Factor in a technologically proficient workforce and connectivity to both North America and Europe thanks to multi-redundant, multi-Terabit cable systems that were upgraded in 2009, and Iceland quickly emerged as the logical home for RMS Cloud.
“Carbon neutral is a big component,” notes Monroe. “But, the other part is it is the ultimate energy hedge for businesses, especially those running high-density compute applications.”
Iceland’s Minister of Industry Ragnheiður Elín Árnadóttir agrees, noting the vital role the data center industry plays in the evolution of a technology-focused global economy. She noted that Iceland has been focusing on power-intensive business for some time, having built an impressive aluminum smelting industry, and sees its energy resources as a tremendous asset for future growth of its data center market.
“Verne Global’s success story is an inspiration and gives us hope for more good news in this important sector in Iceland,” she says. “The data center industry will be growing fast and, being dependent upon energy, it is valuable to be able to reduce the carbon footprint for the industry as a whole.”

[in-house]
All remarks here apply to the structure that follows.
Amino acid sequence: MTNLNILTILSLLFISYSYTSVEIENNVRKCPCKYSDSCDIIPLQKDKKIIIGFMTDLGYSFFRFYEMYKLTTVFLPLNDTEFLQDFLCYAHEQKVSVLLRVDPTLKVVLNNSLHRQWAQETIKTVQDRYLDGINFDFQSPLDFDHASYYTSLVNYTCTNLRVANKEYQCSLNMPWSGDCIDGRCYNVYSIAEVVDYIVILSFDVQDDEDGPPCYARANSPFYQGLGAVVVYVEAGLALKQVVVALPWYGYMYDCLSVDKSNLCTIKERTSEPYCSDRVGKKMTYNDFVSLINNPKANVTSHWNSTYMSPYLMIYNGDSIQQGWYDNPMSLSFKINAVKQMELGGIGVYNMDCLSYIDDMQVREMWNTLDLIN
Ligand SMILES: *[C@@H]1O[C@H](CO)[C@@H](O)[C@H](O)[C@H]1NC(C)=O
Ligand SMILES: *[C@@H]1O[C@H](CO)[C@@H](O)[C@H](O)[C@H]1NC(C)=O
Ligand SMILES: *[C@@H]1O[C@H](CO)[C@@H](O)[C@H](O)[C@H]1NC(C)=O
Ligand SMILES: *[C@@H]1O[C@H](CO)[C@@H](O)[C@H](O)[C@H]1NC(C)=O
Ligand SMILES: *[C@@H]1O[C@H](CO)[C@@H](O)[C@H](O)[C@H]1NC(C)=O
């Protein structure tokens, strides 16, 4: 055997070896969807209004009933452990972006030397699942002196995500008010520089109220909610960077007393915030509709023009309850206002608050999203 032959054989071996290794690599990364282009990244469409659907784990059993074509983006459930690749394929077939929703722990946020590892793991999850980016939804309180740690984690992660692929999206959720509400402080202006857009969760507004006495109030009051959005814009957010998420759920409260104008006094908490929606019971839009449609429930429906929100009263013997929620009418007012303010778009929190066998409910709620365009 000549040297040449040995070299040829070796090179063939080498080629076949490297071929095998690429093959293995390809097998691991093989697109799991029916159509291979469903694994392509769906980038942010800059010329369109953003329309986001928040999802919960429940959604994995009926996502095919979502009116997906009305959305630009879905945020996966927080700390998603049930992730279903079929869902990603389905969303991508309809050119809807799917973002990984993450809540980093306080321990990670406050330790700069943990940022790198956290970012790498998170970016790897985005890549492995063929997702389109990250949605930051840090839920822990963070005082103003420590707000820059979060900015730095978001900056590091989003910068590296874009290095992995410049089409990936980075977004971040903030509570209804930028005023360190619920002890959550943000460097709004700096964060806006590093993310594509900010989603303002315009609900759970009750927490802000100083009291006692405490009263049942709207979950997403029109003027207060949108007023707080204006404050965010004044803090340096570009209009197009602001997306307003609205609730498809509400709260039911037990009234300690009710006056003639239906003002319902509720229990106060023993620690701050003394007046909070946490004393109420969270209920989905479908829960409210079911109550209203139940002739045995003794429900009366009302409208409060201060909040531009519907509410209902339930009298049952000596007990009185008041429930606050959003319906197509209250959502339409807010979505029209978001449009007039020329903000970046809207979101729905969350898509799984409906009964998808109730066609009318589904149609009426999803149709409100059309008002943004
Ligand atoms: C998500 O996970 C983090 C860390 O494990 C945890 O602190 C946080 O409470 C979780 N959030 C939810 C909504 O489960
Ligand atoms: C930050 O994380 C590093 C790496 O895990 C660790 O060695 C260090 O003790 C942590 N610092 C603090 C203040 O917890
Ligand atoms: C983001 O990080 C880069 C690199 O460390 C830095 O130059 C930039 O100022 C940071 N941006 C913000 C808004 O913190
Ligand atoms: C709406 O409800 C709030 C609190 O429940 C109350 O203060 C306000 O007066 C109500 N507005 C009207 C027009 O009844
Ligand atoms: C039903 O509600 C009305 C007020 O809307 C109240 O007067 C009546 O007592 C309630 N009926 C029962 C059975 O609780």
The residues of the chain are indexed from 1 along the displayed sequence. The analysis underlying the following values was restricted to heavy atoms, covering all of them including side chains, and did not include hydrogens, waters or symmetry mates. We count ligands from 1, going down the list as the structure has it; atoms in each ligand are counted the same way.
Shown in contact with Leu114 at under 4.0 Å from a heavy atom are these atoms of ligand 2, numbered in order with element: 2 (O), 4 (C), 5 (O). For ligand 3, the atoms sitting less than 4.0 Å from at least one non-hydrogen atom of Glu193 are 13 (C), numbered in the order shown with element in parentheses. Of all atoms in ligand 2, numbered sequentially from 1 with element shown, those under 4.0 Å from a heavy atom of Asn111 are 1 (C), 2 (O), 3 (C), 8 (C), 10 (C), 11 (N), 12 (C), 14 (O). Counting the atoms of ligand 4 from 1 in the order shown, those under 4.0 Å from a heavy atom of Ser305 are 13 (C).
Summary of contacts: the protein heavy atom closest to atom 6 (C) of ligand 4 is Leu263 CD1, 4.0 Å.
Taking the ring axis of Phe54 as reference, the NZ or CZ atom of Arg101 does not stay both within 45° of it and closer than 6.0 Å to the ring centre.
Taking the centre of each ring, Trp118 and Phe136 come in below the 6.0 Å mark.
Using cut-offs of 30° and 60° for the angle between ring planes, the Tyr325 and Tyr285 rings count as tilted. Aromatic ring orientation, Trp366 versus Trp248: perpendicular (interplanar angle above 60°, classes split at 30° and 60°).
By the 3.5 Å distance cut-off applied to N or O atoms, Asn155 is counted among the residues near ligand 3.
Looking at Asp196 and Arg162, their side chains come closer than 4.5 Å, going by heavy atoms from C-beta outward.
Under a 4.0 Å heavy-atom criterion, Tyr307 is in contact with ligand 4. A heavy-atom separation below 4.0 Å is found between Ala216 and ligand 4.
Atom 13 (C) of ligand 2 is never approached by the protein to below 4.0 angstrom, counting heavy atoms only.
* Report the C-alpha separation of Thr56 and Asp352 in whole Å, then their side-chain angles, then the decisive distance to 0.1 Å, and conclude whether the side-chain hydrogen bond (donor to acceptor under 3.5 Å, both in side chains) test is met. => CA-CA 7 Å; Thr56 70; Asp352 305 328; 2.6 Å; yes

RMS Cloud and RMS(one)
Naturally, RMS did its own risk modeling before committing to Verne Global’s facility. After all, the facility sits in the shadows of Iceland’s famed active volcanoes – recall the massive ash cloud that grounded flights across Europe in 2010 when the ice-cap covered Eyjafjallajokull erupted. But, once the risk assessment proved favorable, its plans to build RMS Cloud, its first data center outside its own facilities, were set in motion.
RMS called on many of the industry’s top brands to build out its private cloud, several of which were present at its media tour of the facility in September, including Datapipe, VMware, EMC, and local integrator Advania – in addition to its Intel (News - Alert)-based compute platform from Cisco and firewalls from Palo Alto Networks.
The result is a massive infrastructure, completed in less than four months, boasting 5,000 cores, burstable to 30,000 cores – almost unimaginable scale, according to Paris Georgallis, vice president of platform operations at RMS.
“It would be an understatement to say if we didn’t have great partners, we wouldn’t have been able to [complete the project] in the amount of time we have done it, to get two production centers up and running, in California and Iceland,” he posits. “RMS Cloud is not a generic public cloud; it is a purpose-built cloud to do one thing and one thing only – deliver results and predictable performance that allow us to write and meet SLAs.”